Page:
Lead Linked to Child Behavioral Problems, Even at Lower Levels

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Even at lower levels, blood lead concentrations have been linked to an increased risk of behavioral problems in preschool children, including internalizing and pervasive developmental problems. The results of this study, funded by the National Institute of Environmental Health Sciences, were published in JAMA Pediatrics.

Previous research has shown that blood lead levels at ≥10µg/dL in children are linked to externalizing behavior problems like aggressiveness and bullying, but this study sought to assess the association between blood lead concentrations and behavioral issues in a sample of Chinese preschool children with a mean blood lead concentration of <10µg/dL. Blood lead concentrations were measured in 1,341 children 3–5 years of age from 4 preschools in Jintan, Jiangsu province of China. Chinese versions of the Child Behavior Checklist and Caregiver-Teacher Report Form evaluated behavioral problems in the children when they were 6 years of age. The mean blood lead concentration was 6.4µg/dL; the Centers for Disease Control and Prevention (CDC) advises that parents of children with >5µg/dL blood lead concentration reduce sources of lead in their home and monitor their children's blood lead levels.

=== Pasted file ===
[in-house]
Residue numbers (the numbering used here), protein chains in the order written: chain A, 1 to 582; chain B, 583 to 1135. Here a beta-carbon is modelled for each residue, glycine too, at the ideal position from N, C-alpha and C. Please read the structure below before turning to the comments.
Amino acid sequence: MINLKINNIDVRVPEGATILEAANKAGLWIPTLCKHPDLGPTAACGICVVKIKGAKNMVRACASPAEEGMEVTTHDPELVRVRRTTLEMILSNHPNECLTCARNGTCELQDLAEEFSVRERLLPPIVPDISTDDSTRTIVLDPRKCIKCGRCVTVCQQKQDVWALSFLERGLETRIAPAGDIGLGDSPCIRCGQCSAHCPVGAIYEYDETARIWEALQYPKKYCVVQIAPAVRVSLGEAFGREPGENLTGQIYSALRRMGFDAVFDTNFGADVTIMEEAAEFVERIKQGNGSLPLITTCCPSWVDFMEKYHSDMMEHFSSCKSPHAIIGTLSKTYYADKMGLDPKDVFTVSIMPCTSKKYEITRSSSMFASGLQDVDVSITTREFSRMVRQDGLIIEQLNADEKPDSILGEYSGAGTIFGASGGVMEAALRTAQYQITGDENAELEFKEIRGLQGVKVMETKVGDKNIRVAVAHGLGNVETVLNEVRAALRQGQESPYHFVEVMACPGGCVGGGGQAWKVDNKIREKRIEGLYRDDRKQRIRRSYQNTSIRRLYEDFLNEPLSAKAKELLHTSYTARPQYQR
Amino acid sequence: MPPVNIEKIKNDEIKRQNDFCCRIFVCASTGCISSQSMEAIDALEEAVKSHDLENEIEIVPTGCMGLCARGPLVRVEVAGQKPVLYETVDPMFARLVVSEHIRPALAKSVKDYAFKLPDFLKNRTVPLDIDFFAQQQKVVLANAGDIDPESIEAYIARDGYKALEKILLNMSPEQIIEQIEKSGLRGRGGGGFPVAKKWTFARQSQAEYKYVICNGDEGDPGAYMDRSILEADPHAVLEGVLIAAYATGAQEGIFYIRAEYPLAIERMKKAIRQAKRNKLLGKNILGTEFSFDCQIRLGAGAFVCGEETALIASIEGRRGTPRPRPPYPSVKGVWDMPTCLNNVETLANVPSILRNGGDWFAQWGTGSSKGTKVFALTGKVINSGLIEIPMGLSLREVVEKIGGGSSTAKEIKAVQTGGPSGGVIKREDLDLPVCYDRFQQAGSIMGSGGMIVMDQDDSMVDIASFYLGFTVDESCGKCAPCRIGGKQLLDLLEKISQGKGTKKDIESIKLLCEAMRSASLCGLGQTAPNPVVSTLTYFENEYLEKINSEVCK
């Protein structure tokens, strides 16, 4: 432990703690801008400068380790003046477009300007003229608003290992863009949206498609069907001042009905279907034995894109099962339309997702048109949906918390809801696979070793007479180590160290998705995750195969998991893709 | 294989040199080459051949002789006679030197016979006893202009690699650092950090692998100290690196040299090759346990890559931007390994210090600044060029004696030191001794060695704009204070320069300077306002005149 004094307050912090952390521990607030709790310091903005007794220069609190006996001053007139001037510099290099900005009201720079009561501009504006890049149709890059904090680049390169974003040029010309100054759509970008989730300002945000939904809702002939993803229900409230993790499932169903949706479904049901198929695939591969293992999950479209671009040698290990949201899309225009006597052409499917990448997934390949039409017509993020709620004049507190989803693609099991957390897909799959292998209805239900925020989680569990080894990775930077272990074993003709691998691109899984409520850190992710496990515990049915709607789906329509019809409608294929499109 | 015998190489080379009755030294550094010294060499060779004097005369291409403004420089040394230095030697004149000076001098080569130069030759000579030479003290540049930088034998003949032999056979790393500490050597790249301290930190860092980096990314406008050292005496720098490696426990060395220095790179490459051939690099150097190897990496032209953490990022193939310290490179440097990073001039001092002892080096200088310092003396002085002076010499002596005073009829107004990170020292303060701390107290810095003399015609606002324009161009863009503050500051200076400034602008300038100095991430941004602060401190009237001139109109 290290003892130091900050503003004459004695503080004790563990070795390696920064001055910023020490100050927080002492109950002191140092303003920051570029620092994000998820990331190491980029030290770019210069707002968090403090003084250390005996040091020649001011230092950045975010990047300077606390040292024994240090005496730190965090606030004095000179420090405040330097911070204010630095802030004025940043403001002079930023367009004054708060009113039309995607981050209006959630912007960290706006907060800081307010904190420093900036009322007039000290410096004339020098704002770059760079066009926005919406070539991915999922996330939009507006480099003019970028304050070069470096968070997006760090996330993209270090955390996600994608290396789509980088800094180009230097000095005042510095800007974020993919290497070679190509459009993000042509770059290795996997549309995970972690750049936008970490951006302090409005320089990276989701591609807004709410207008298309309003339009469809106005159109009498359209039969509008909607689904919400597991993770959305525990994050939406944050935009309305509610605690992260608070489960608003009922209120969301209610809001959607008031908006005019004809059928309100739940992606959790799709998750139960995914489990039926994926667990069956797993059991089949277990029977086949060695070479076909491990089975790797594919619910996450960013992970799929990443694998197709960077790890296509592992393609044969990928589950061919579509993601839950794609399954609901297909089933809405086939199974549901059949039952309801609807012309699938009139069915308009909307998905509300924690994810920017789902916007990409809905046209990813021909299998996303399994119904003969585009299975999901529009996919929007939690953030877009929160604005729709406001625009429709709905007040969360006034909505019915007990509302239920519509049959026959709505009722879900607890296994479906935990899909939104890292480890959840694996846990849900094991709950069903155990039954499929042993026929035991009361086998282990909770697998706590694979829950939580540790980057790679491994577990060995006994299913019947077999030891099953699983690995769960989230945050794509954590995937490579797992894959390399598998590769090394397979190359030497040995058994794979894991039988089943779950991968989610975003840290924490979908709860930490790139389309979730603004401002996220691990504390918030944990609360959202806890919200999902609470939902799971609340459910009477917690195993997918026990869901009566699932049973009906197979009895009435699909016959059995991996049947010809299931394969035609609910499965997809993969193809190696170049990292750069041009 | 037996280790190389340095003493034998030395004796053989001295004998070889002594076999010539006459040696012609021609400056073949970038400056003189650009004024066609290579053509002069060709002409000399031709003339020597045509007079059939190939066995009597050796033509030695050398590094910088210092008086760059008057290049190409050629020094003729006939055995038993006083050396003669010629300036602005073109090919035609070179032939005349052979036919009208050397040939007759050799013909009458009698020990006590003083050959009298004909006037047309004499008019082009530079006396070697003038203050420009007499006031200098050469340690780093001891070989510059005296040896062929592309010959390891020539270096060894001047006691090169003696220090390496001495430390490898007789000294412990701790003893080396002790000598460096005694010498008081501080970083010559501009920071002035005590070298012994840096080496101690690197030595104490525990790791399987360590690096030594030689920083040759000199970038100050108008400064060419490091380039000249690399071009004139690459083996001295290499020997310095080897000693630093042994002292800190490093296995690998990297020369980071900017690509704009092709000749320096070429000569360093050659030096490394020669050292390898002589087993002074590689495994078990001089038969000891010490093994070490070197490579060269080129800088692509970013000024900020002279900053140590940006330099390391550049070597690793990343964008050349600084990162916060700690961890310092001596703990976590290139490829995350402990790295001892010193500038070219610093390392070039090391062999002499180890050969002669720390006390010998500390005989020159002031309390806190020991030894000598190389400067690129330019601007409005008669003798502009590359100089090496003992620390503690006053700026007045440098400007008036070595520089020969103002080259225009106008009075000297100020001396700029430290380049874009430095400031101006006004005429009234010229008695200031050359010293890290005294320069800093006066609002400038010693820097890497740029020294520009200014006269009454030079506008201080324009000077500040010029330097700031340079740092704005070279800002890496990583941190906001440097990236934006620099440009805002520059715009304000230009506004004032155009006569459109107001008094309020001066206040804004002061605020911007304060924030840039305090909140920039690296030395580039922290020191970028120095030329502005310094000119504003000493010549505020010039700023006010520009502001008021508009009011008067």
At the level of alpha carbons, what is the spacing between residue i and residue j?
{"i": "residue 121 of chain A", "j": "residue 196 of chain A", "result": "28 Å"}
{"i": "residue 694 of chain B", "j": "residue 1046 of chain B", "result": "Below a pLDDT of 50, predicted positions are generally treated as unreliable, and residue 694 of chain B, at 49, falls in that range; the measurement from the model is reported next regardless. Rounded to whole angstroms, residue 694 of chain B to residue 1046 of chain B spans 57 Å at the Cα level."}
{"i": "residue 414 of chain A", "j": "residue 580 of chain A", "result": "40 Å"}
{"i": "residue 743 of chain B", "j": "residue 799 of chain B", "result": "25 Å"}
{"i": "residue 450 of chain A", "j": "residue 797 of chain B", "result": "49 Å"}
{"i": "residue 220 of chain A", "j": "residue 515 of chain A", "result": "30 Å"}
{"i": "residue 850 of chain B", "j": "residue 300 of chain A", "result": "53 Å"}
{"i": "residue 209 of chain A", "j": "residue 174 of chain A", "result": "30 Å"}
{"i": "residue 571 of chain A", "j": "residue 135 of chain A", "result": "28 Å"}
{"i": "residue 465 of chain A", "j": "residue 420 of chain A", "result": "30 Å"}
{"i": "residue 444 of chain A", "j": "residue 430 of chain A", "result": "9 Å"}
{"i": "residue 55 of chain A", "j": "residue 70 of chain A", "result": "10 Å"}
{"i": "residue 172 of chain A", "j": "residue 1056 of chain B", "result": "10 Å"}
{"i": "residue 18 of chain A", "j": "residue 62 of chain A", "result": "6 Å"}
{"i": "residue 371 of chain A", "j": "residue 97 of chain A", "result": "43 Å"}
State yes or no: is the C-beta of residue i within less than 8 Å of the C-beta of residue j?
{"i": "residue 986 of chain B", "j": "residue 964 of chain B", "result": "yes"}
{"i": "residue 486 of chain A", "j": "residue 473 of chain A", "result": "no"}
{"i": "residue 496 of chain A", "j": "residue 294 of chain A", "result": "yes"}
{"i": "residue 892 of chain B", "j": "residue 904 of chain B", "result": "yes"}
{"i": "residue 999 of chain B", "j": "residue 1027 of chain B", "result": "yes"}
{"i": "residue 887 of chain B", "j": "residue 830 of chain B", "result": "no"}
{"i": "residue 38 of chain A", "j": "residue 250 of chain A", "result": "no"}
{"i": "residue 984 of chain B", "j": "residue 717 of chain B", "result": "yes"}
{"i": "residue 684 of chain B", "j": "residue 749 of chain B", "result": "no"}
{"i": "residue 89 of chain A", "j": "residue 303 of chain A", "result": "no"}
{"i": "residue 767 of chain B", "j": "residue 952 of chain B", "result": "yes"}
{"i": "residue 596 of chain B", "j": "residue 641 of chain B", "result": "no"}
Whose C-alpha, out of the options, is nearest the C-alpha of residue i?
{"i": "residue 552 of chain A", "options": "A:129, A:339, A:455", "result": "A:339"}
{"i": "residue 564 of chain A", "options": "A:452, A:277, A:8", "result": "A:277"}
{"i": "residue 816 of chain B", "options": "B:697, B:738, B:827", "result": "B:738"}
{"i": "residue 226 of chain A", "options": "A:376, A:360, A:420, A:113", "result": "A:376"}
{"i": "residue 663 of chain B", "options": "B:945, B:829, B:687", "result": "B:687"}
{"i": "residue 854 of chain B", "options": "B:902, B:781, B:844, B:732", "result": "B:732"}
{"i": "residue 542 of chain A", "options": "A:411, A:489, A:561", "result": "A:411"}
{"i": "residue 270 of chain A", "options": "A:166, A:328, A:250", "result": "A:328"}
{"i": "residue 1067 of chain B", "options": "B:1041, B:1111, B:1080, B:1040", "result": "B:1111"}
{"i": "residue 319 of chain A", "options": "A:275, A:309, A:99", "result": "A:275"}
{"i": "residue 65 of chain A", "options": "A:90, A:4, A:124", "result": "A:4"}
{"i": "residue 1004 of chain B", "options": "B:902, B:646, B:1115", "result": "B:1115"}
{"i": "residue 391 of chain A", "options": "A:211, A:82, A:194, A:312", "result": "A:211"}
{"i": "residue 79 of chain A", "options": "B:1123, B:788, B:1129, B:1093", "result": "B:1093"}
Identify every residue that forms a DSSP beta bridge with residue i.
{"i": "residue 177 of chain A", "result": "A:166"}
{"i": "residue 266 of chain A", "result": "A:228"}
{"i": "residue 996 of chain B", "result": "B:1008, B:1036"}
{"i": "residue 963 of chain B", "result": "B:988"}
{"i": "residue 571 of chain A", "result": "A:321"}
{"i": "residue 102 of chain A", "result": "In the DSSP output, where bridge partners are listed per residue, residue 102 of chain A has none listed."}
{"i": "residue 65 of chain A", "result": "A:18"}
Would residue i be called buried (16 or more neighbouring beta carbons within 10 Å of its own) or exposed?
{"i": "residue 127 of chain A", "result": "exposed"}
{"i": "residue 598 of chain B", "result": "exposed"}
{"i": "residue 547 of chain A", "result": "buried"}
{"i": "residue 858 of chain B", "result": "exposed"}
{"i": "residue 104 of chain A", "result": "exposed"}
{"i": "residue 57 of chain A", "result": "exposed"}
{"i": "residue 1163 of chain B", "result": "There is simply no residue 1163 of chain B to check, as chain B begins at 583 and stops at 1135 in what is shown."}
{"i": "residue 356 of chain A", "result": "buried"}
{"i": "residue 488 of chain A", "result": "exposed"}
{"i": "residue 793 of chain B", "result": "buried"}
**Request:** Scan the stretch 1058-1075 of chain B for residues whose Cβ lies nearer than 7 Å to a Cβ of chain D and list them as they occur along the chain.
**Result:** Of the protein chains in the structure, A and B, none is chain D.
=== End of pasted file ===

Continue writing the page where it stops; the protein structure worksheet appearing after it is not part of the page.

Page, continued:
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Significant associations were seen between blood lead concentrations and increased scores for teach-reported behavioral problems; a 1µg/dL increase in the blood lead concentration resulted in a 0.322 (95% CI, 0.058–0.587), 0.253 (95% CI, 0.016–0.500), and 0.303 (95% CI, 0.046–0.560) increase of teacher-reported behavior scores on emotional reactivity, anxiety problems, and pervasive developmental problems, respectively (P<0.05), after adjusting for parental and child variables. Particularly for older girls, mean teacher-reported behavior scores increased with blood lead concentrations.

Monitoring of blood level concentrations with clinical assessments of mental behavior during regular pediatric visits may be necessary, the authors note.

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